It's good that some things never change.
Although the devices used to carry out the things that never change do change.
I don't think that quite made sense but then why change something I've always been relatively adept at ... putting some words together in a senseless manner.
So yes, the pursuit of the unknown from the depths of another world has never changed, in light of what I spotted the other day as I drove down the inner harbour way.
There were three young lads, maybe 10 or 12 or so, sitting with their legs dangling over the side of the quay and holding fishing lines.
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It occurred to me at that moment that time travel does exist because for a brief few seconds I managed to be taken back half-a-century, to a time when I would sit on the wharf side with a couple of chums and dangle our hooked and baited lines down into the smooth sea below.
And hey, they were wearing pretty much what we used to wear too, just shorts and T-shirts.
Some things never change.
The childhood pursuit of fishing has pretty much always been there, and I have seen grand old black and white photos from the and 30s and 40s of youngsters with hand lines fishing for whatever finned about in the waters of those days.
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Same things that fin about under there today I daresay, for some things never change.
But I wonder what the kids back then used for bait?
We just used whatever offcuts of red meat mum had left over from whipping up tea.
I do remember one kid back in my wharf side angling days of the 60s who swore by little lumps of cheese.
He never caught a thing, which leads me to wonder if in the years to come he used little slabs of chopped up herring to put in the mousetraps?
Great to see kids out and about and enjoying the quayside sea air, and occasional advice from the blokes on the nearby moored trawlers.
The only odd thing about the young trio I spotted that day was that it was on a Thursday morning ... school day.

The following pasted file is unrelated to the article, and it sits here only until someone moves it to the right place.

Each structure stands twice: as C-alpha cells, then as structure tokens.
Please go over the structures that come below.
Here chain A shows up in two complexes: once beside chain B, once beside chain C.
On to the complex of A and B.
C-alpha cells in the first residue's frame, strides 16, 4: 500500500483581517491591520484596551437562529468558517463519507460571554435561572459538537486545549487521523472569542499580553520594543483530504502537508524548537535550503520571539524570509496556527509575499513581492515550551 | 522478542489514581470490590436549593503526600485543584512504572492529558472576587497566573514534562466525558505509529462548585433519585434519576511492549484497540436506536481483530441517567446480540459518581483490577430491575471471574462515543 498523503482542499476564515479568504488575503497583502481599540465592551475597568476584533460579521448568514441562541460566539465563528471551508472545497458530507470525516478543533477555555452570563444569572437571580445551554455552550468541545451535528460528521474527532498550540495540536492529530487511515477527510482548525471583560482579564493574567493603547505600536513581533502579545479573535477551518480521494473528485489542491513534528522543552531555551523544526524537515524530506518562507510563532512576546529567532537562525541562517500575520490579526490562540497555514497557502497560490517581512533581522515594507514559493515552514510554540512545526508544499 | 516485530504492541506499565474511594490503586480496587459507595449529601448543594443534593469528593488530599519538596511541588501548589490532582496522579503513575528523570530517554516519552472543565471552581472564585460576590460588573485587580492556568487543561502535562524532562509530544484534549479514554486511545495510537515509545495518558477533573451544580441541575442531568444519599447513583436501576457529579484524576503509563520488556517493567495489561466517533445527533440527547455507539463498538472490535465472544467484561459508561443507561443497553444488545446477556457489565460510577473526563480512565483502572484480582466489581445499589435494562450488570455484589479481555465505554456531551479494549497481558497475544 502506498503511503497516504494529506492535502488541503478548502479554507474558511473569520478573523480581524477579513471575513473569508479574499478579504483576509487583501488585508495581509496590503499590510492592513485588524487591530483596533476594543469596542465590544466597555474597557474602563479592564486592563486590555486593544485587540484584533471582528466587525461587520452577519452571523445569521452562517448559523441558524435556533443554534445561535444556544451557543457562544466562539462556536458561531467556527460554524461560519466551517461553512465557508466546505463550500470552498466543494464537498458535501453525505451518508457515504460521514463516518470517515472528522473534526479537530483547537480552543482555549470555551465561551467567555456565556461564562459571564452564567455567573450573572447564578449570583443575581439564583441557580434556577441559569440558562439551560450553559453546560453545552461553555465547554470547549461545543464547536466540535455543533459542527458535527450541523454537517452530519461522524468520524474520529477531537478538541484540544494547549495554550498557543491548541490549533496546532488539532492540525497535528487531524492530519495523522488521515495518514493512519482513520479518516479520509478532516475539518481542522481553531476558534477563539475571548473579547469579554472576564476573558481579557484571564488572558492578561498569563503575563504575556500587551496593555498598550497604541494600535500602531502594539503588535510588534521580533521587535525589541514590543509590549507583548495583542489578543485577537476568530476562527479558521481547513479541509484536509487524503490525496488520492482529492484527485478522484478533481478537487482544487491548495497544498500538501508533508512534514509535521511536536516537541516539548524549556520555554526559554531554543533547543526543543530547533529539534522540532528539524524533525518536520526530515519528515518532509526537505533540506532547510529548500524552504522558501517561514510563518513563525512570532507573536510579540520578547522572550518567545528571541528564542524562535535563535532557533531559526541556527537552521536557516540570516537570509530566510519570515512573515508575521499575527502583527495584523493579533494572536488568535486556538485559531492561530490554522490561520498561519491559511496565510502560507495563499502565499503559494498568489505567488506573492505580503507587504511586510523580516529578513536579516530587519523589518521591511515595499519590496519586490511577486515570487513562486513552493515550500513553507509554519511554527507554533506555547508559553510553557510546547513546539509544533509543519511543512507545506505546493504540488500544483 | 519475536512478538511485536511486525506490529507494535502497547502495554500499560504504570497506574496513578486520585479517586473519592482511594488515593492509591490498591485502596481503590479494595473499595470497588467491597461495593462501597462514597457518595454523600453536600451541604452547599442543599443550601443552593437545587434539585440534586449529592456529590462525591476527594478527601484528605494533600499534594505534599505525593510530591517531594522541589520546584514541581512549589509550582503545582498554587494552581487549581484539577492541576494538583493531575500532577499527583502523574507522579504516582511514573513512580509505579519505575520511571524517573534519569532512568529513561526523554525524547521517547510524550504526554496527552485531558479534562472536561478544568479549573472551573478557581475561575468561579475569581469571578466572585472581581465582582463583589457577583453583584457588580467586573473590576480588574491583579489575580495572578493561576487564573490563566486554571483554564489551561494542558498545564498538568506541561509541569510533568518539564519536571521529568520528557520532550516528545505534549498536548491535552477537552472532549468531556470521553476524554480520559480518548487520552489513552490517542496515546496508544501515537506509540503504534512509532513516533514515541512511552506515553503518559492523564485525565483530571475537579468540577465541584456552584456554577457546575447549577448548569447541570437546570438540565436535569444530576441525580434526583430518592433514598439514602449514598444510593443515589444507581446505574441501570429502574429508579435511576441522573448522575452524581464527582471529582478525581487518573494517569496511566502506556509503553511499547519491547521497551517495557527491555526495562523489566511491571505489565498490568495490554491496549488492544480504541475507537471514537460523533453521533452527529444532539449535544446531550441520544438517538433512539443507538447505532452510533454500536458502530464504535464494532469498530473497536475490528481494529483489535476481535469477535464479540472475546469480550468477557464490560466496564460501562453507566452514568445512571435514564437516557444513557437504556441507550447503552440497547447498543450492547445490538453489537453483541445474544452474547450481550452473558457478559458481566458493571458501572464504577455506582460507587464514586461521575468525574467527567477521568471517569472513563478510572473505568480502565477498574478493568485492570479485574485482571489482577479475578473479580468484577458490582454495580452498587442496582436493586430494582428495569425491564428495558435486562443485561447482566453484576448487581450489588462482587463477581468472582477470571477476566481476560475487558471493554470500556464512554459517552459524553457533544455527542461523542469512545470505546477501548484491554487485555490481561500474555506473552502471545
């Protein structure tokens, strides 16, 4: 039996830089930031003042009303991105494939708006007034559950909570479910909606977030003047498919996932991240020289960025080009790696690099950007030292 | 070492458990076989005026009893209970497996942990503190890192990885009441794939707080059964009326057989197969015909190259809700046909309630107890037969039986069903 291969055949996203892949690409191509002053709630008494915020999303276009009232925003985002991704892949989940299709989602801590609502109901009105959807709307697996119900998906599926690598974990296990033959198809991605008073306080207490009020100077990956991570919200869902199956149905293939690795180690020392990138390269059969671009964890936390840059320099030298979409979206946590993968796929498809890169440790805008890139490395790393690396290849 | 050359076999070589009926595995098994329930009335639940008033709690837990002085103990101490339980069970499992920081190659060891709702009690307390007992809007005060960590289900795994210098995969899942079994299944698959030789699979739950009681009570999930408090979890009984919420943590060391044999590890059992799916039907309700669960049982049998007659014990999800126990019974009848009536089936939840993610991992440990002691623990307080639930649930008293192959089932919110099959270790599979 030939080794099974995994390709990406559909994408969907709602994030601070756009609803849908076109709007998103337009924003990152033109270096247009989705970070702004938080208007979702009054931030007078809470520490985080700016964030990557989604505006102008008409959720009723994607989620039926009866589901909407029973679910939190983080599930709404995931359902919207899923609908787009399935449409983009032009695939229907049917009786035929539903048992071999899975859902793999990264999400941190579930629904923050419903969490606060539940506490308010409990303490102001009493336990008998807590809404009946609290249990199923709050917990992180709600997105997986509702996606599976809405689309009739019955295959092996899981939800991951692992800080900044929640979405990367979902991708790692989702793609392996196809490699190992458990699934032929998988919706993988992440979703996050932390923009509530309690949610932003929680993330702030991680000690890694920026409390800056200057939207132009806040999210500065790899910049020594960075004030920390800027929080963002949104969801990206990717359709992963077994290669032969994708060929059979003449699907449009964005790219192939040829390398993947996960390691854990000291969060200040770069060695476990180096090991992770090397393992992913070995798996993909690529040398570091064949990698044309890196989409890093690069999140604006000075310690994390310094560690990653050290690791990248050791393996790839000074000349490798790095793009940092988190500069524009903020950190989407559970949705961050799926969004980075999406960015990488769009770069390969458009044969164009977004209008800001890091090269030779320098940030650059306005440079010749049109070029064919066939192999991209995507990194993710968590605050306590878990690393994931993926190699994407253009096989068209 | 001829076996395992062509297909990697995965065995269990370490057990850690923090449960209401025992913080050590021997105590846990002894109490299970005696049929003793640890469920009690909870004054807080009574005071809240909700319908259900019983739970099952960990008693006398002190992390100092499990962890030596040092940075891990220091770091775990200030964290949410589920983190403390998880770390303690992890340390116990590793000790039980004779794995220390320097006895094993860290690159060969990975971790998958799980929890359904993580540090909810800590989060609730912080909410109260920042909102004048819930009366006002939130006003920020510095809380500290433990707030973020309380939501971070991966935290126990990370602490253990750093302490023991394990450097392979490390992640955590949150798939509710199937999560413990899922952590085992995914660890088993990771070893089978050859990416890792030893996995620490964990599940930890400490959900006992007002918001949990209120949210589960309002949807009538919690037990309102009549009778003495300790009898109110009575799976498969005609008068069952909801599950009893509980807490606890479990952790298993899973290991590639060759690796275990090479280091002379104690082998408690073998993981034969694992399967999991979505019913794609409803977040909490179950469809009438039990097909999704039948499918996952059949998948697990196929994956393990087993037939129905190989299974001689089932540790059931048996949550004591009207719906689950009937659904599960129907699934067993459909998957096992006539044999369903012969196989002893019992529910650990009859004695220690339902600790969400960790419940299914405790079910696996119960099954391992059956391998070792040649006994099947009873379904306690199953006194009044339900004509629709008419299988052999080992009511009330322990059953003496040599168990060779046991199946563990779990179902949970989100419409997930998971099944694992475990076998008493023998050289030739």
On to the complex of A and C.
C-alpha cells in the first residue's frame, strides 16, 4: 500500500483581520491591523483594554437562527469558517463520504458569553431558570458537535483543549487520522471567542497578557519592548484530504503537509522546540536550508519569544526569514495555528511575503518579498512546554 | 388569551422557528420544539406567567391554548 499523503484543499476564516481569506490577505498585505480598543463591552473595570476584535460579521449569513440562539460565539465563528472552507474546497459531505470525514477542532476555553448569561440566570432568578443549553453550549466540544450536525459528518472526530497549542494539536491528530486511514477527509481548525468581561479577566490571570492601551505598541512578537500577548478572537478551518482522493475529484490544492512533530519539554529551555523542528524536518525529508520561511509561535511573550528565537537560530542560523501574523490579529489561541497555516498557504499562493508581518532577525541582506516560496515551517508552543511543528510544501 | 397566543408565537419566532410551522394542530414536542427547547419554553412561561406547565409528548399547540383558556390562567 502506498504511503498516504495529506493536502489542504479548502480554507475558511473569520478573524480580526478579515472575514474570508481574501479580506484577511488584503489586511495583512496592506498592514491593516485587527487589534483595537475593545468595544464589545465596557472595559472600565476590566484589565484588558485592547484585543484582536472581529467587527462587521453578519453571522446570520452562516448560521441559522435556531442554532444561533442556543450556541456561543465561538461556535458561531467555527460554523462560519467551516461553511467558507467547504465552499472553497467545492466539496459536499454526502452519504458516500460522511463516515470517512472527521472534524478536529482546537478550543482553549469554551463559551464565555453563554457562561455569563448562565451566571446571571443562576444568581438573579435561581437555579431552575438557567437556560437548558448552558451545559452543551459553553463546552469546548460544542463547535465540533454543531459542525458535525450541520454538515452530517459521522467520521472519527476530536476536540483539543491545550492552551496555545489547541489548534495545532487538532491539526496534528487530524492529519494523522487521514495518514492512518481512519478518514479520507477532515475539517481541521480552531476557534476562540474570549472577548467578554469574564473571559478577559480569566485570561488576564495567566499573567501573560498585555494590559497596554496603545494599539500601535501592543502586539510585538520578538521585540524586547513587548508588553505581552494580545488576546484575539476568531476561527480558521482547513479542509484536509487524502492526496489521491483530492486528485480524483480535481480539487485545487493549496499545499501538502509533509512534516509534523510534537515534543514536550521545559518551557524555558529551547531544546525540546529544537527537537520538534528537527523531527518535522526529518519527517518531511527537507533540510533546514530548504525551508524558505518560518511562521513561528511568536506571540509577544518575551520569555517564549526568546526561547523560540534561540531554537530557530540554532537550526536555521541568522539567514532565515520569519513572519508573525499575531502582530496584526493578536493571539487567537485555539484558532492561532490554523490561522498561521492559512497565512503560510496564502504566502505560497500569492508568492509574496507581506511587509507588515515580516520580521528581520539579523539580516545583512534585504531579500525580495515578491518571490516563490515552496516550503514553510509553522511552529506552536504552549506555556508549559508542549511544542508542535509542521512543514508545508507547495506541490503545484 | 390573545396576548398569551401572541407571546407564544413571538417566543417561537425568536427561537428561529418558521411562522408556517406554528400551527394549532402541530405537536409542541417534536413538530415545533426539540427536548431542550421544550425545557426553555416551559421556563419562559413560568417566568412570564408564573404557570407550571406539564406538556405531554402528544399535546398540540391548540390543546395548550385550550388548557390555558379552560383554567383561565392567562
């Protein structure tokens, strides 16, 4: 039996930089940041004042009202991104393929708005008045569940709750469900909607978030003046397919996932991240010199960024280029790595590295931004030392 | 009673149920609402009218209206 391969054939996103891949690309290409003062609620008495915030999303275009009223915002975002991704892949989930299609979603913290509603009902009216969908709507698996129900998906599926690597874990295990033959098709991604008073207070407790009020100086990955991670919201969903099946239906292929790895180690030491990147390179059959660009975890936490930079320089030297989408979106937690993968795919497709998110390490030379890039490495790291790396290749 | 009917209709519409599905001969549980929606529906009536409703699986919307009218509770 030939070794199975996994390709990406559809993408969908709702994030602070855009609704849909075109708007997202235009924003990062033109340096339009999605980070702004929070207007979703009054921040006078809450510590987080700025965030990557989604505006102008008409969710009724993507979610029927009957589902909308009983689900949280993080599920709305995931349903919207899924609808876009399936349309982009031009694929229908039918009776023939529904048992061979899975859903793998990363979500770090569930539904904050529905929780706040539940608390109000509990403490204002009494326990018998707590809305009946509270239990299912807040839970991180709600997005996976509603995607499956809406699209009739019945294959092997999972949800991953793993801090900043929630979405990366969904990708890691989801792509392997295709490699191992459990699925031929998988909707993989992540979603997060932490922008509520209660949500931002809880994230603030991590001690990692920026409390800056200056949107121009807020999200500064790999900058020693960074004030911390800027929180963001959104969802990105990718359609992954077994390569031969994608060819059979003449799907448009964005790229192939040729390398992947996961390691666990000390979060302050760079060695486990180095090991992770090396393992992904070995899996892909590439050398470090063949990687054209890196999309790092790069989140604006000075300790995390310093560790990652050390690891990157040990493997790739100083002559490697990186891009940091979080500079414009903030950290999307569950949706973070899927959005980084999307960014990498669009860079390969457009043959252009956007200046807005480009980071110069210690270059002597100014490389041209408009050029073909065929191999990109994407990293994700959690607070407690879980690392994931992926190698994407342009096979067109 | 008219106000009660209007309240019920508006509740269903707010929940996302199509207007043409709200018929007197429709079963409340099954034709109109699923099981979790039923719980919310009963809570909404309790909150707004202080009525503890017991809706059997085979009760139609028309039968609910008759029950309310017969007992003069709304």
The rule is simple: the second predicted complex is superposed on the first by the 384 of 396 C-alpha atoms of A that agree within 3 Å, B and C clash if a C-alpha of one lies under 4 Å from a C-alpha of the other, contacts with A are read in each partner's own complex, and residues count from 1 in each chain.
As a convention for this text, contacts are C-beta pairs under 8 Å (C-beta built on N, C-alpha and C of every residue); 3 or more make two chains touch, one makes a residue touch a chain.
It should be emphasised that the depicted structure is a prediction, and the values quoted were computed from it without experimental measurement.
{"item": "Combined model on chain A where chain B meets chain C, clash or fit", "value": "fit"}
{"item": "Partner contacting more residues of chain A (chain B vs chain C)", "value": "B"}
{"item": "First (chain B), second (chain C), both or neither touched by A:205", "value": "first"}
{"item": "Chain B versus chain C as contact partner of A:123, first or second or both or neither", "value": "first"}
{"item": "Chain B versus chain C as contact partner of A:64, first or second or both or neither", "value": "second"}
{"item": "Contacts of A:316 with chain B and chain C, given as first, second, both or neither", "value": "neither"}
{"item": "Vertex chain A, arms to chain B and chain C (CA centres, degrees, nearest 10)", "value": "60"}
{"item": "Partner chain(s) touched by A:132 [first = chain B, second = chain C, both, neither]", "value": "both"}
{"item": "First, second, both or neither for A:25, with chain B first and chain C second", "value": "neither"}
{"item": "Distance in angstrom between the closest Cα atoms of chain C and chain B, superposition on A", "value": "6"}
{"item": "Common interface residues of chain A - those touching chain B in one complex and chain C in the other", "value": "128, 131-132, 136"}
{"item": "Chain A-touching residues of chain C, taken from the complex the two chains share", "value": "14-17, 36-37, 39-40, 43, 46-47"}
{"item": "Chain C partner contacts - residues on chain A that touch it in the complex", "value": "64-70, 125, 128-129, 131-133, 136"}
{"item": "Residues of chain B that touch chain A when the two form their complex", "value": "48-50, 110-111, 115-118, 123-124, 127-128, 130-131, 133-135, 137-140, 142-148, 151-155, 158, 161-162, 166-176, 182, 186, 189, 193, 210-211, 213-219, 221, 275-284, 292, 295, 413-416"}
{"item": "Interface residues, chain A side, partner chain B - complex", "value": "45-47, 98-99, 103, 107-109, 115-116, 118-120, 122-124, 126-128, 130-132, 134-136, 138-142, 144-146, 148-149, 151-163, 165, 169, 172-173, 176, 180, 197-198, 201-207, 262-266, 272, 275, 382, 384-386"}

There's always a ... catch.
During the long months of summer back then I'd be on the bike and off to the port with a mate or two to go fishing.
The big port where big ships moored up.
The port which is today (and rightly) firmly fenced and secured and off-limits to all but those who have business, or employment, there.
Back then we'd just cycle through main gates, wave to the slumbering wharfies, and pedal right down to the end of the wharves, avoiding the lined up railway wagons and trucks unloading cargoes.
There would usually be at least a dozen other kids there, and we were often joined by the odd wharfie who'd offer advice.
I remember some kids piling handfuls of aniseed balls into a wrapping of fine mesh cotton attached to a long length of string and lower it down into the waters below.
It had simply become a traditional part of the after-school and weekend fishing expeditions down at the port, as it had long been said that the fish were attracted to that strange odd taste in the brine.
I think, upon fading recollection, that it did draw in a few silver flashes of fishy curiosity.
Whether we caught any or not as a result of aniseed lures I can't recall, for we probably ate as many lollies as we lowered into the water.
As well as engaging us in exercise through cycling down to the wharves and back again, and constantly pulling in and baiting lines and moving about looking for a prime spot in the sea of aniseed, such occasions resulted in reward.
We'd take whatever we fished up down to the Marineland and get a free ticket.
So I guess we were professional anglers.
So it was kind of good seeing those young lads on the quayside, and I daresay the numbers of such young anglers swells on the weekend, which is great.
It's outdoors and its exercise and it can be competitive, for when one kid nabs a good sized spotty or a yellow-eyed mullet then the game is on to go one better.
I used to do all right but I never went fishing for a compliment for there are some things one just can't catch.
Roger Moroney is an award-winning journalist for Hawke's Bay Today and observer of the slightly off-centre.